The road to 240 million virtual kilometers: BMW’s autonomous driving journey with Unity

Before BMW’s autonomous driving (AD) technology is mass production-ready, it will need to drive 240 million virtual kilometers. Learn how Unity is helping BMW put more on its odometer every day.

In our first post, we covered how a team at BMW Fully Autonomous Driving & Driver Assistance Systems has used Unity to develop custom tools for simulation visualization and scenario creation. With these tools, the BMW Group is well-equipped to tackle the most daunting daily challenges in AD development. 

Let’s walk through a few areas where Unity is helping out in a major way.

Enabling continuous testing day and night

BMW’s Unity-based scenario editor lets its AD developers test with precise control. These images show a simulated test parameterized across different times of day and weather conditions.

The road to 240 million virtual kilometers: BMW’s autonomous driving journey with Unity - host infront night

The same scenario at night.

The road to 240 million virtual kilometers: BMW’s autonomous driving journey with Unity - host infront rain

The same scenario in the rain.

By combining simulation with key performance indicators (e.g., continually maintaining a safe distance from traffic vehicles), BMW can assess how complete its features actually are. As individual components of its AD function master basic scenarios, BMW can conduct mass validation of its entire AD system in more complex situations.

These tests come in multiple forms:

Small-scale feature tests – These tests are the most common type of testing, and they enable BMW to rapidly evaluate portions of its AD system, such as vehicle trajectory planning. In a typical day, BMW’s team will log tens of thousands of virtual kilometers; the majority of these are short-distance tests (from hundreds of meters to 1 kilometer) in increments of less than a minute. Large-scale system tests – Instead of a series of mini-tests for a specific feature, this type of simulation is designed to test the broader AD system. It plays out as an extended scenario that can run for hours and strives to replicate real-world scenarios; for example, an autobahn trip between the German cities Munich and Stuttgart. These simulations are more complex, often involving a virtual world complete with moving vehicles, pedestrians, and variable weather conditions, as well as map data, sensor models as inputs to perception algorithms, vehicle trajectory planning, vehicle dynamics, and much more.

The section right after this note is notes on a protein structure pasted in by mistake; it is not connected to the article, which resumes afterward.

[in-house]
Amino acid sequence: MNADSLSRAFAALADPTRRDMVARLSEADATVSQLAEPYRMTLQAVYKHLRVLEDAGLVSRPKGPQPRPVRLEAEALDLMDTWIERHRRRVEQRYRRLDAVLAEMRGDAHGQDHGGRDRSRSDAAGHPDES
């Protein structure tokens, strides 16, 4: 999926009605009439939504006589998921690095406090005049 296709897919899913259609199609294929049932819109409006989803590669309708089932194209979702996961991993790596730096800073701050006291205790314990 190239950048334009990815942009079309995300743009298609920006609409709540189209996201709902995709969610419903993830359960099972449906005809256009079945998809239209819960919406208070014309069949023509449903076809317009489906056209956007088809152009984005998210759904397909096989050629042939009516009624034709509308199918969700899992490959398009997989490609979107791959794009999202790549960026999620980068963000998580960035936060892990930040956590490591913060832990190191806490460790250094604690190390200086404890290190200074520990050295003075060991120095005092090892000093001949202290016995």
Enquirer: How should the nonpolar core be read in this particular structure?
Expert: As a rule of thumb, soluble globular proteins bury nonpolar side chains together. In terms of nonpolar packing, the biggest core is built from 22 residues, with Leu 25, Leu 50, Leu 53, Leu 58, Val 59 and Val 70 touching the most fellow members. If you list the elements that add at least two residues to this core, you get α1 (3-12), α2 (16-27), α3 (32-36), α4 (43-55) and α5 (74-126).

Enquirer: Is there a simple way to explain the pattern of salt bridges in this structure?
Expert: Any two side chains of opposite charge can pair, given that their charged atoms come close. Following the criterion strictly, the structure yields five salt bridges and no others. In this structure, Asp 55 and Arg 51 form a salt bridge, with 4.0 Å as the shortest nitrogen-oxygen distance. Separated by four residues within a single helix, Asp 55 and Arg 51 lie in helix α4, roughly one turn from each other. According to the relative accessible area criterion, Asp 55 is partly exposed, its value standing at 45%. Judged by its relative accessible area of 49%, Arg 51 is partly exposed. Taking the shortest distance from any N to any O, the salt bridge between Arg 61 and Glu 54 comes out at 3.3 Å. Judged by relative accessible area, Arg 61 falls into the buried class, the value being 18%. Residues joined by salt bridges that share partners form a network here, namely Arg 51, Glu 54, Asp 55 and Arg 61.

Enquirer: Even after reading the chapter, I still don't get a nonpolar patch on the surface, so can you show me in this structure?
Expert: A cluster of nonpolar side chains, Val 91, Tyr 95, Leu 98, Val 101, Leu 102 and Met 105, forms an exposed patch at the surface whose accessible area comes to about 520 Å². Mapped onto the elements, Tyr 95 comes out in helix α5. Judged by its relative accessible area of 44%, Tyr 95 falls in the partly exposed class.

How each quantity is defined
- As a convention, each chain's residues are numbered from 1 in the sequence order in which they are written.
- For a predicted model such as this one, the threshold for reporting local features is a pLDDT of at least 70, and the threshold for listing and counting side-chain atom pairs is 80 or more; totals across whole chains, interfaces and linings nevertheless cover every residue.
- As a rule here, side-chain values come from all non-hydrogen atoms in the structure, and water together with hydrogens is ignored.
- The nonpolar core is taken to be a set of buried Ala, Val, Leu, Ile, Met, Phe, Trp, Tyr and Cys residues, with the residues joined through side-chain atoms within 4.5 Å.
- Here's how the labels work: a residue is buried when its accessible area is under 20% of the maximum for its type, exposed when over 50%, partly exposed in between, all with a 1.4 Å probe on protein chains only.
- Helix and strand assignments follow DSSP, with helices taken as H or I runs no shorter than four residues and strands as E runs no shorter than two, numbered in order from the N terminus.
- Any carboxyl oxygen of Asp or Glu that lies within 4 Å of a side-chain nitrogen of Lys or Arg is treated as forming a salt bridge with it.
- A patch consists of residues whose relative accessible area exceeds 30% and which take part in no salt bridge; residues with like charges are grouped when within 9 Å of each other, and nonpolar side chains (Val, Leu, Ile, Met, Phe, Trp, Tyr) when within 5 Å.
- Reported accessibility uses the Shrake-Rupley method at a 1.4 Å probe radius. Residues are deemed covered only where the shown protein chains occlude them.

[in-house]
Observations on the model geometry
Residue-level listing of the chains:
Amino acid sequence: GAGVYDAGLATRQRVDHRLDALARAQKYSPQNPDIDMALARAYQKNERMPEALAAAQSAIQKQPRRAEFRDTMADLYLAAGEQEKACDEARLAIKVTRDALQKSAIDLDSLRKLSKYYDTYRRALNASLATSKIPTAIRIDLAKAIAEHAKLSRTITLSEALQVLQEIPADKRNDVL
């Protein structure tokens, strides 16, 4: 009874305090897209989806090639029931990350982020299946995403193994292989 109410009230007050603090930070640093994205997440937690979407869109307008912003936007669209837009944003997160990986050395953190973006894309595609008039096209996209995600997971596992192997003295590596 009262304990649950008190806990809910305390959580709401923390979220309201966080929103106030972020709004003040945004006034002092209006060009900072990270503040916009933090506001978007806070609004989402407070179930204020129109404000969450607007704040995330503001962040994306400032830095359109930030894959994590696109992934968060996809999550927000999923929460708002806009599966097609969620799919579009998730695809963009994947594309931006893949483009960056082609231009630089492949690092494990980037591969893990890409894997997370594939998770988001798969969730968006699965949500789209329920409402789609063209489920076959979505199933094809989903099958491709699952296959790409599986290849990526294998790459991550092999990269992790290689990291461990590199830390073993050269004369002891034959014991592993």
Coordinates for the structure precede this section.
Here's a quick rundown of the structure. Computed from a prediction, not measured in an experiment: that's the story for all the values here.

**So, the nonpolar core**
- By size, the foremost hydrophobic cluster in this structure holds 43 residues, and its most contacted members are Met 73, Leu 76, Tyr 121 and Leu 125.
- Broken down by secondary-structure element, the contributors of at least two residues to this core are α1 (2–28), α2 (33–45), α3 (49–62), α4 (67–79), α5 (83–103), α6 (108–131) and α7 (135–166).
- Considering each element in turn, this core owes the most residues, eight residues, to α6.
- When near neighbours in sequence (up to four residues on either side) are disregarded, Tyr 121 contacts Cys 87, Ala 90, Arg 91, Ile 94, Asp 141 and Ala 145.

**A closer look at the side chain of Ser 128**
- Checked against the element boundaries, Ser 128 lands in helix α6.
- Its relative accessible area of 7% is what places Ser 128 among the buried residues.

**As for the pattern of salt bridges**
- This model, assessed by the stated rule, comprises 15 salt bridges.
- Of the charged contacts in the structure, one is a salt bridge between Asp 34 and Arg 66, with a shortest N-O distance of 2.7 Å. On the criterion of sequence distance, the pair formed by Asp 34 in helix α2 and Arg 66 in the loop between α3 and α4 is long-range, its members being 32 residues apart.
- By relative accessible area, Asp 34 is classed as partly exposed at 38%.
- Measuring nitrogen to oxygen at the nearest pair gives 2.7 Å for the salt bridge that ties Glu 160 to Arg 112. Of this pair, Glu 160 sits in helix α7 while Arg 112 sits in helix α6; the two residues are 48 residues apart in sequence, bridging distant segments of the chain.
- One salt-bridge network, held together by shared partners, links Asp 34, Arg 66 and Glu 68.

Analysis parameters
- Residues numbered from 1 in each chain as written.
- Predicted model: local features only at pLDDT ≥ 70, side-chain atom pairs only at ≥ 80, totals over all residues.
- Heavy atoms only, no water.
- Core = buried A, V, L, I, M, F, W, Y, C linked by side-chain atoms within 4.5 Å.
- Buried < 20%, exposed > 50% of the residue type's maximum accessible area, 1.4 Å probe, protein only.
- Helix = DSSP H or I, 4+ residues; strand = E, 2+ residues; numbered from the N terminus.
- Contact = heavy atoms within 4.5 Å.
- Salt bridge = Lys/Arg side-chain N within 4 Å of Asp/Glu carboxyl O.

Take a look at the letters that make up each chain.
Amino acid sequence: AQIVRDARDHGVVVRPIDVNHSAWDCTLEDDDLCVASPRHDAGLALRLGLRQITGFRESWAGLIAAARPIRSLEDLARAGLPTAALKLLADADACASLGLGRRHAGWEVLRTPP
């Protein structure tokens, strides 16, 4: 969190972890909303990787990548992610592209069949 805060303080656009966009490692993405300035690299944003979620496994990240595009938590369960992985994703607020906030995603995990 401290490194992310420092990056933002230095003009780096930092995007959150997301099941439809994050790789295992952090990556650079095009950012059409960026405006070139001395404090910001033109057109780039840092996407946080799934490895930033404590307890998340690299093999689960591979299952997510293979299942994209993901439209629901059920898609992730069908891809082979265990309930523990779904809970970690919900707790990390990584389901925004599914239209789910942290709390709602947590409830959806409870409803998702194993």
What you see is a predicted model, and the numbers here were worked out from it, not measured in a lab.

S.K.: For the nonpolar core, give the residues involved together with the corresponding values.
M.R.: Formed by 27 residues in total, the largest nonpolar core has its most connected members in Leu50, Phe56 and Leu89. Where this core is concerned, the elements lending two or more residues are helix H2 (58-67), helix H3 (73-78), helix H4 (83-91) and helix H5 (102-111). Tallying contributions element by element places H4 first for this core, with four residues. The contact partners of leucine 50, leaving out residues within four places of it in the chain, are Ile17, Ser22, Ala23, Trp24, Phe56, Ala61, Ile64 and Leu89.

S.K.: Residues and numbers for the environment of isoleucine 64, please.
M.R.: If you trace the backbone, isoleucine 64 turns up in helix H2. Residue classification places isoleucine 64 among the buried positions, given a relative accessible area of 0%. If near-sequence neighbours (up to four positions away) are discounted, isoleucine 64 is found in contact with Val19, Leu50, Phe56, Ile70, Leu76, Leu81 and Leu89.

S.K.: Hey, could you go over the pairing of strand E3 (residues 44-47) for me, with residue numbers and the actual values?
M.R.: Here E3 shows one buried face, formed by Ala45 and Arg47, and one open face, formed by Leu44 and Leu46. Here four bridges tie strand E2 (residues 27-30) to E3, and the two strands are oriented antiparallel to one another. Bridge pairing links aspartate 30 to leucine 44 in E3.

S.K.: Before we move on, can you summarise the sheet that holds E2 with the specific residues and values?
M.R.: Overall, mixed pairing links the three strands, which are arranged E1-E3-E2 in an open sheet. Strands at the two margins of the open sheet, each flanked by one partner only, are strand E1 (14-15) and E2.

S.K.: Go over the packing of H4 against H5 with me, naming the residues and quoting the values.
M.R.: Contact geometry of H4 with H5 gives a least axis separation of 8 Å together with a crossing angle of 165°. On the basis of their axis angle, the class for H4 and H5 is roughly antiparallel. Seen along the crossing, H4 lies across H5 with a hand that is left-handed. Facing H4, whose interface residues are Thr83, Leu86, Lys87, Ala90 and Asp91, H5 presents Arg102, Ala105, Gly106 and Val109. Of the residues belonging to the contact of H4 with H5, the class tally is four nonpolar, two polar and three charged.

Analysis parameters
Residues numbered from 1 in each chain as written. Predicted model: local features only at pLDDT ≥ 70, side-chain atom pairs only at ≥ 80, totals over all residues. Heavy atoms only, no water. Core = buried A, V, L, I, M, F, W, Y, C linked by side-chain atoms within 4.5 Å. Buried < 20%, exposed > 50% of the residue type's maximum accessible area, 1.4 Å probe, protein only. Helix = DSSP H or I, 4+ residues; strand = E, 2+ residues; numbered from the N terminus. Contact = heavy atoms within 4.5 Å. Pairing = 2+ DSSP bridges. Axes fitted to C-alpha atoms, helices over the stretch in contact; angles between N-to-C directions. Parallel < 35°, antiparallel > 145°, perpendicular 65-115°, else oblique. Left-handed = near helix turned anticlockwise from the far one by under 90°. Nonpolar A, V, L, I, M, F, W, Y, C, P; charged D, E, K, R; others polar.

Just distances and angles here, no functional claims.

Because driving situations can be repeated as often as required in simulation, BMW runs tests throughout each day, including “night drives.” After using the Unity-based scenario editor to set up tests, developers can review the results the next morning, leverage analytics to pinpoint exactly when functions failed, and bring up the exact point of failure in a frame rendered from Unity. The team can automatically extract those problematic situations as small-scale scenarios, and then visualize them to better understand why the situation was problematic.

For instance, in this scenario, a traffic vehicle cuts in suddenly, yet the host vehicle does not decelerate immediately, resulting in a near accident. The scenario can be subsequently replayed after each incremental code update until the AD function reacts properly.

After an initial failure in this scenario, improvements ensure that this vehicle brakes properly in response to a traffic vehicle merging

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